Now onto some of the irritants out here on trail. First and foremost, mosquitos are horrible. Not only do they buzz around you and try to drive you crazy, but they leave horribly itchy welts all over your body that last for weeks. I know everyone has dealt with mosquitos at one point or another, but the magnitude to which they existed in Yosemite this June was insane. Day after day and night after night, they affected every part of our hike. They have finally let up a bit, but their itchy bites are still keeping us up at night and stopping me mid-step for a good scratch.
Speaking of sleep, as much as we love a good night’s sleep in our tent, it also has its discomforts. With mosquitos around, every foray outside of the tent is an event. Pickles and I have to work together to make it quick, and then we have to sit completely still in order to find the infiltrators and kill them. Every night I wake up at least once, sometimes twice, to go pee. In addition to dealing with the insects, I can barely stand on my achy, swollen feet, and on cold nights, even leaving the sleeping bag can feel torturous.
So that brings us to our final complaint…the discomforts that come along with using the bathroom in the woods. For the most part, Pickles and I would much rather go to the bathroom in the woods than in a toilet. At some point, if you stick with us, I will divulge some of our wilderness bathroom strategies that make this so. Occasionally though, all we want is a clean, private room where we can do our business. There are a few discomforts that make going to the bathroom in the woods quite uncomfortable. The first is when you’re trying to do your business and mosquitos are taking the opportunity to eat you alive. No one wants their bum (or worse) covered in mosquito bites. Then there are the times when you are squatting and your feet completely cramp up and force you to cleverly move around in order to keep the blood flowing and the toes from falling off. And finally, there is the major discomfort of post-zero day constipation. All of us hikers experience it. Out here we drink water constantly and we get very regular. But throw in one town day, with tons of junk food and almost no hydration to speak of, and you’re looking at at least 2 days of recovery time before things are back to normal.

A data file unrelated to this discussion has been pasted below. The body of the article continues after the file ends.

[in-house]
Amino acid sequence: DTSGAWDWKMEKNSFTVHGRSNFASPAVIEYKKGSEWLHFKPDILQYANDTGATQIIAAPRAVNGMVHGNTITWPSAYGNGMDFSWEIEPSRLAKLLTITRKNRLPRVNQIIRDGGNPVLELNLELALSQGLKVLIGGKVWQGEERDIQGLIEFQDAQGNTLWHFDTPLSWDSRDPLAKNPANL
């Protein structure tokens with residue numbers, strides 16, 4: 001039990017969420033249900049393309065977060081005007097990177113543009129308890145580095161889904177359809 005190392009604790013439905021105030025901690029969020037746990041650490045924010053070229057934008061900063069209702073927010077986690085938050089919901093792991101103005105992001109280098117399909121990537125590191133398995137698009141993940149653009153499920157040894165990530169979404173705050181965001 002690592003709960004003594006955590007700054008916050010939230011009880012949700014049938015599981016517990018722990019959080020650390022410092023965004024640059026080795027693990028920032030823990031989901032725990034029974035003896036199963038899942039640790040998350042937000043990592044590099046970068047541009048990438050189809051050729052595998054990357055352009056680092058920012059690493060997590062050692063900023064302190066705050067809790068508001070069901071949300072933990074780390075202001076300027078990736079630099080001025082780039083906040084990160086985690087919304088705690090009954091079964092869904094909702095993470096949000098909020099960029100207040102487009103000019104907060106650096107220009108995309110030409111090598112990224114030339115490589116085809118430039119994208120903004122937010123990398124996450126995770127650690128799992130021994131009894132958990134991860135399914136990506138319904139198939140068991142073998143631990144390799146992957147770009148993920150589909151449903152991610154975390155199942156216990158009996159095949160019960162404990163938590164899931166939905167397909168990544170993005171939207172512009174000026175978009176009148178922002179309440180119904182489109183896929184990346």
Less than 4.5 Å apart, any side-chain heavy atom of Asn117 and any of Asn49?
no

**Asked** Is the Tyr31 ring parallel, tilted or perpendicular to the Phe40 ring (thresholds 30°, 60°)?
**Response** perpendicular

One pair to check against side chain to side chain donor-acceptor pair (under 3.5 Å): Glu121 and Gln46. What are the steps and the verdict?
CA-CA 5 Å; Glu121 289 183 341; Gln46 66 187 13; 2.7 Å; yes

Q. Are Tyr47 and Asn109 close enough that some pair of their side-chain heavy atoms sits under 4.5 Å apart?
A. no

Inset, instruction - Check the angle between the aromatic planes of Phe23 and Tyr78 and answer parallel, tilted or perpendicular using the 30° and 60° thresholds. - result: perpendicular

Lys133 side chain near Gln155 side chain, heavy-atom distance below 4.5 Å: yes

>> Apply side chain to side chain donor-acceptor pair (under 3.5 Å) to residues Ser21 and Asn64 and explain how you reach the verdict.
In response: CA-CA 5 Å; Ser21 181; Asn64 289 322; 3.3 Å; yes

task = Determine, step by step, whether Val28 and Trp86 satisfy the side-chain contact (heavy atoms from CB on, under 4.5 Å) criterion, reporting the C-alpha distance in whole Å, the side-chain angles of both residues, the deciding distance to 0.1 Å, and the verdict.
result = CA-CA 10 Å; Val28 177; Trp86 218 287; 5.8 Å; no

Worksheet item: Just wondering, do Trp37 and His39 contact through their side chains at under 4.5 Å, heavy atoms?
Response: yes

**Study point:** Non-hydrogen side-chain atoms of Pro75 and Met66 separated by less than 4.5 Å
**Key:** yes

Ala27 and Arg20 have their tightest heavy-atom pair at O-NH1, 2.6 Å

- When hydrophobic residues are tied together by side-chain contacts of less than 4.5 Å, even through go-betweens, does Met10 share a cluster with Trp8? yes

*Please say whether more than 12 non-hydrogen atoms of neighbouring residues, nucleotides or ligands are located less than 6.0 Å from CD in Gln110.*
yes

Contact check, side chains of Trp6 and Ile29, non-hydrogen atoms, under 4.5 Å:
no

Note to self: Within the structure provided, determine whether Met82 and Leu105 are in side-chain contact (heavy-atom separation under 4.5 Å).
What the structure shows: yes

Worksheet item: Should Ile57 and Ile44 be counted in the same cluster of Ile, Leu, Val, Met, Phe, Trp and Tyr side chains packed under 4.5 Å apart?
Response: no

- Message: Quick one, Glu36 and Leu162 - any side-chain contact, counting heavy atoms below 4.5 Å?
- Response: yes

So our solution to all these aches, pains, and discomforts? Just keep walking…eventually they will work themselves out. It all comes with the territory, and if we didn’t think it was worth it we wouldn’t still be out here.
It is hard to devote an entire blog to our complaints. It feels unfair to the beautiful landscapes that we walked through today, just as deserving of my gushing superlatives as all those amazing days that have come before. I hope it is enough to say that no matter how uncomfortable we might become, the gift of seeing the places we saw today make it all worth it.